Alaska Attorney General Treg Taylor, foreground, appears before the House Judiciary Committee for a confirmation hearing on Monday, March 15, 2021, in Juneau, Alaska. Republican Rep. Christopher Kurka, a committee member, is seen in the background. (AP Photo / Becky Bohrer)

Alaska Attorney General Treg Taylor, foreground, appears before the House Judiciary Committee for a confirmation hearing on Monday, March 15, 2021, in Juneau, Alaska. Republican Rep. Christopher Kurka, a committee member, is seen in the background. (AP Photo / Becky Bohrer)

Attorney general discusses plans, Clarkson in hearing

AG said he takes seriously his duty to decide which cases to pursue in the public interest.

By Becky Bohrer

Associated Press

Attorney General Treg Taylor said Monday he takes seriously his duty to decide which cases to pursue in the public interest and is hopeful that under his leadership the state won’t see a “string of losing cases.”

His comments were in response to questions during a confirmation hearing before the House Judiciary Committee. Rep. Matt Claman, the chair and an attorney, said he was “troubled” by a number of cases that seem like political positions but “legally, they’re very, very poor positions to take.”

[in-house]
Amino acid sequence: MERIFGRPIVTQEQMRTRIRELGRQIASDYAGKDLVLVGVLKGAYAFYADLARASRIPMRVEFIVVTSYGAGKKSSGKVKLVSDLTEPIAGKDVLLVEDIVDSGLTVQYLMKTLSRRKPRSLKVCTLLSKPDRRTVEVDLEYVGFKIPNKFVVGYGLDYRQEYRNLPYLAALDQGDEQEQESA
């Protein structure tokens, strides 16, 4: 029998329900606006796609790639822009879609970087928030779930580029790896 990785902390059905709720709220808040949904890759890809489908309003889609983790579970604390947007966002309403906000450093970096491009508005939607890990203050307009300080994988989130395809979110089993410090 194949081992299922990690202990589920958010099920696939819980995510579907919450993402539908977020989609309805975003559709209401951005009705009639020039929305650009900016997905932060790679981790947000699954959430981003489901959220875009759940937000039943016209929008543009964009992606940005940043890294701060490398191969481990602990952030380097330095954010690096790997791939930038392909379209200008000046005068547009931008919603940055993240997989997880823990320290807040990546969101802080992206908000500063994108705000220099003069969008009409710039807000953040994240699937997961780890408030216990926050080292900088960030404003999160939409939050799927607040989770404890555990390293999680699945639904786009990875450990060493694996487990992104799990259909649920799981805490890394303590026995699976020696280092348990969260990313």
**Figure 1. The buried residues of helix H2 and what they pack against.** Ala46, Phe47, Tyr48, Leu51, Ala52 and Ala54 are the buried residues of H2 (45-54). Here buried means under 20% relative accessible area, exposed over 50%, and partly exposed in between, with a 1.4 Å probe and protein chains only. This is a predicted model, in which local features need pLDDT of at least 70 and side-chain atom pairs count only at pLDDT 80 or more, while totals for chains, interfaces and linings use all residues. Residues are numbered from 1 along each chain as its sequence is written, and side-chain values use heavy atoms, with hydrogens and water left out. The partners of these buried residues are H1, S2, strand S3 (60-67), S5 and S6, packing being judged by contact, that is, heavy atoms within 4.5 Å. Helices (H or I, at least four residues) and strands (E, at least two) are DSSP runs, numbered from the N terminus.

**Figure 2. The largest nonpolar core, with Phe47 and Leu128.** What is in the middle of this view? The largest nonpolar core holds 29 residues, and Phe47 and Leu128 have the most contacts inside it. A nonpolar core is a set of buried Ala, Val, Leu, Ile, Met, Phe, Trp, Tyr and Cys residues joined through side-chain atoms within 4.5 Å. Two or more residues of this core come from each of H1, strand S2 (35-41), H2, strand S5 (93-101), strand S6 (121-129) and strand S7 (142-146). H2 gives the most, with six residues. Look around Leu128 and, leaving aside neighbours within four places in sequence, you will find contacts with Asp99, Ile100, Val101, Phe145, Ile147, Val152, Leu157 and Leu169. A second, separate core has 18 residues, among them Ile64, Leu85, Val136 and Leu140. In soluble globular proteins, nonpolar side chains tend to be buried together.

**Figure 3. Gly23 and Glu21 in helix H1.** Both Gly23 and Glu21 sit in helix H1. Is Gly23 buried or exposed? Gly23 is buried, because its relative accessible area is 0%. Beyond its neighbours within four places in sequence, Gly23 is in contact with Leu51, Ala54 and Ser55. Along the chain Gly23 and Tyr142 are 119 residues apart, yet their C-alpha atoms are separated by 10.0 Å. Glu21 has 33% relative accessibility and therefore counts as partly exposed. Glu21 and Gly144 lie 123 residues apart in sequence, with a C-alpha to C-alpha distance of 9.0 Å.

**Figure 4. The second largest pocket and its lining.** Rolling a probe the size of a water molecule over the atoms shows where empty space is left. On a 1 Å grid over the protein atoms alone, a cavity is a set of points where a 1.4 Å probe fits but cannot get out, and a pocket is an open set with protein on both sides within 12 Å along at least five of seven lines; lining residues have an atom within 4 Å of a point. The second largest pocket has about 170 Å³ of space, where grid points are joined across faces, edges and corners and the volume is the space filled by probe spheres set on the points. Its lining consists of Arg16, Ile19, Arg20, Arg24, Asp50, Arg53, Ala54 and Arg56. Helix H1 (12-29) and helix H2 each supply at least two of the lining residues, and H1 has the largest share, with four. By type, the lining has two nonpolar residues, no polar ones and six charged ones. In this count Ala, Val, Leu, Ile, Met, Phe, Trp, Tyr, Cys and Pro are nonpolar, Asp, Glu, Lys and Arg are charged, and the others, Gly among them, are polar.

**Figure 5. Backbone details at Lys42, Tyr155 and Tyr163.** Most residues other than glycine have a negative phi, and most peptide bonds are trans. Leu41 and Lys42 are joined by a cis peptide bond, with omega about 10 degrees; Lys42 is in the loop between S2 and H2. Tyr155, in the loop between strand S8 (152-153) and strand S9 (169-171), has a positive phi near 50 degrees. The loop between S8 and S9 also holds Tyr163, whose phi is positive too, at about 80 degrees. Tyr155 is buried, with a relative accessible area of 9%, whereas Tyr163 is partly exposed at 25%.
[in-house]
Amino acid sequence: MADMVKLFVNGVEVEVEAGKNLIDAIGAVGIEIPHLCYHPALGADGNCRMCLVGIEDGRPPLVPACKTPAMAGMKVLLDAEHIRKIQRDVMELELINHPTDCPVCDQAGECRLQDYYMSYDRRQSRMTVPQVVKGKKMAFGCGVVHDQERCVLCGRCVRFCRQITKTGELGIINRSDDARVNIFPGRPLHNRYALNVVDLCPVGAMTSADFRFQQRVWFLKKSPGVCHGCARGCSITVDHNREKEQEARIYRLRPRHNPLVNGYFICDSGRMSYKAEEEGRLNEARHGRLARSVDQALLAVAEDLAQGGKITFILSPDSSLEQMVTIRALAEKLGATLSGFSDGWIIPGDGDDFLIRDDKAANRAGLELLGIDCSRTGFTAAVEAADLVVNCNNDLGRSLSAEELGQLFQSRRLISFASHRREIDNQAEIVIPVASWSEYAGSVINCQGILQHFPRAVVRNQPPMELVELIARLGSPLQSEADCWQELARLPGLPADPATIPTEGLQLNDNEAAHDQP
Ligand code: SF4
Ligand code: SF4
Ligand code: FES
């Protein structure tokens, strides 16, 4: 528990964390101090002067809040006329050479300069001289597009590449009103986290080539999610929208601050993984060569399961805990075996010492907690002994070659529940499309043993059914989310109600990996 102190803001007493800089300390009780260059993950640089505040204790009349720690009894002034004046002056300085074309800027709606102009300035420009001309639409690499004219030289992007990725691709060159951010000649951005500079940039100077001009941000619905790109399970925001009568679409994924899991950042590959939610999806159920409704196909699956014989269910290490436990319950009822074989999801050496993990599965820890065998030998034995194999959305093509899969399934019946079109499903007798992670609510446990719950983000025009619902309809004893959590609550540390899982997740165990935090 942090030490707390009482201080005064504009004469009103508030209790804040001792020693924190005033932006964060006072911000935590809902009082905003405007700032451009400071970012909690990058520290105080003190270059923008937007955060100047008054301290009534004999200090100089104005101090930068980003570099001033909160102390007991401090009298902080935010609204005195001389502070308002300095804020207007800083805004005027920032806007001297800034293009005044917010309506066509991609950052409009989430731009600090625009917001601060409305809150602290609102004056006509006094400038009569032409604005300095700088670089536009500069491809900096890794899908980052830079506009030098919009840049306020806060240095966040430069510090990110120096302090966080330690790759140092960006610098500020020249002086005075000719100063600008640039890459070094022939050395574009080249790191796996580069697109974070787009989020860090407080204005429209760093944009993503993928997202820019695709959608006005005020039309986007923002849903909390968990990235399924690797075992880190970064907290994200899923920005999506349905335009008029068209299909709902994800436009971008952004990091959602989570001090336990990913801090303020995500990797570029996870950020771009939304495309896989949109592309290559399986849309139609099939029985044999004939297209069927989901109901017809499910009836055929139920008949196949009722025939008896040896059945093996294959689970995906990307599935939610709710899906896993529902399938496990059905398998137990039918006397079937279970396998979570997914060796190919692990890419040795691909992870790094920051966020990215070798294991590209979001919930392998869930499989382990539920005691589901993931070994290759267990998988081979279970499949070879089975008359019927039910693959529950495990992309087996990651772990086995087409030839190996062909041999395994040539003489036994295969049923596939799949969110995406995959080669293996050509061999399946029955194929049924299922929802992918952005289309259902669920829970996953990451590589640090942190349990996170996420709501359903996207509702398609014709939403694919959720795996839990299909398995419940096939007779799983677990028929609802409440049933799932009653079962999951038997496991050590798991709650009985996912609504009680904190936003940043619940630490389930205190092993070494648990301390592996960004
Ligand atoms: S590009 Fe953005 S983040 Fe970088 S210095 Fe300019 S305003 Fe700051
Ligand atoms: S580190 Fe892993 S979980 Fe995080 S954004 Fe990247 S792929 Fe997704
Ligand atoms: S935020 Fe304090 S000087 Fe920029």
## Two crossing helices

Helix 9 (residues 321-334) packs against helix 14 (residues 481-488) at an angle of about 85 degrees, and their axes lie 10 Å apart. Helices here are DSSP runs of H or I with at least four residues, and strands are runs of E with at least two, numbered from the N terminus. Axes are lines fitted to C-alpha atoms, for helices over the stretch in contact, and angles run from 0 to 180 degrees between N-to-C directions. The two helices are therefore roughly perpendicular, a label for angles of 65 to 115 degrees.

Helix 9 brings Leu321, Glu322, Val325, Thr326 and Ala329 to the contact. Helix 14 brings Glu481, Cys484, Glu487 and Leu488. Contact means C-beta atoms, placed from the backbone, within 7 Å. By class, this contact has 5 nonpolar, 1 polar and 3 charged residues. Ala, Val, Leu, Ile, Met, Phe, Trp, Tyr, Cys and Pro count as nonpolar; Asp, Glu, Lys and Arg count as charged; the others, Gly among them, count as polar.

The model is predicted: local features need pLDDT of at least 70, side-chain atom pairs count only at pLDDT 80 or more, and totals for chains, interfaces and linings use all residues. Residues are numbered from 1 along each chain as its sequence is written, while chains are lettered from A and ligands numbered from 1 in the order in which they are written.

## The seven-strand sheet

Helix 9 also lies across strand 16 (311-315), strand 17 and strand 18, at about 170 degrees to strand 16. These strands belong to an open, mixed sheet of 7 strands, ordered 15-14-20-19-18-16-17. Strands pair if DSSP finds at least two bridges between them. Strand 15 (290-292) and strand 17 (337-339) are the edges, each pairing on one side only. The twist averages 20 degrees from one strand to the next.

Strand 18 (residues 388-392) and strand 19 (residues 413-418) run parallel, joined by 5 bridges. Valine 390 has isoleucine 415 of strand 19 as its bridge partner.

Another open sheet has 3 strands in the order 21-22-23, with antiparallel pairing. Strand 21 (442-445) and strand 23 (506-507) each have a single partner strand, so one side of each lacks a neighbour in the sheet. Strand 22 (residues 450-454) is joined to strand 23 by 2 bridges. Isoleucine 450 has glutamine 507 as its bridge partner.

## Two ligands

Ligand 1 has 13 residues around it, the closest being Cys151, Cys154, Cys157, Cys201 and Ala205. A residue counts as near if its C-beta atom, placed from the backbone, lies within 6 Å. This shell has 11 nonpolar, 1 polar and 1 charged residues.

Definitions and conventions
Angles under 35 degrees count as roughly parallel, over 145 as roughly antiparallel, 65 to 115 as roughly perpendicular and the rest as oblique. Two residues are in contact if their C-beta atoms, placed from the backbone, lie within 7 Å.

Some of the cases Claman cited were still moving through the legal system, including a school funding dispute set for arguments before the Alaska Supreme Court. In another case, a judge found Gov. Mike Dunleavy unconstitutionally used his veto powers to punish the courts after a Supreme Court decision that invalidated proposed abortion restrictions.

“If you were to ask me what is the single most important job if you are to succeed as attorney general, it’s to convince this governor to stop taking poor cases,” Claman, an Anchorage Democrat, said.

Taylor took issue with Claman’s characterization, saying the governor, in his opinion, doesn’t make those decisions. He said the state Supreme Court has held the attorney general has the discretion to decide what litigation is in the public interest.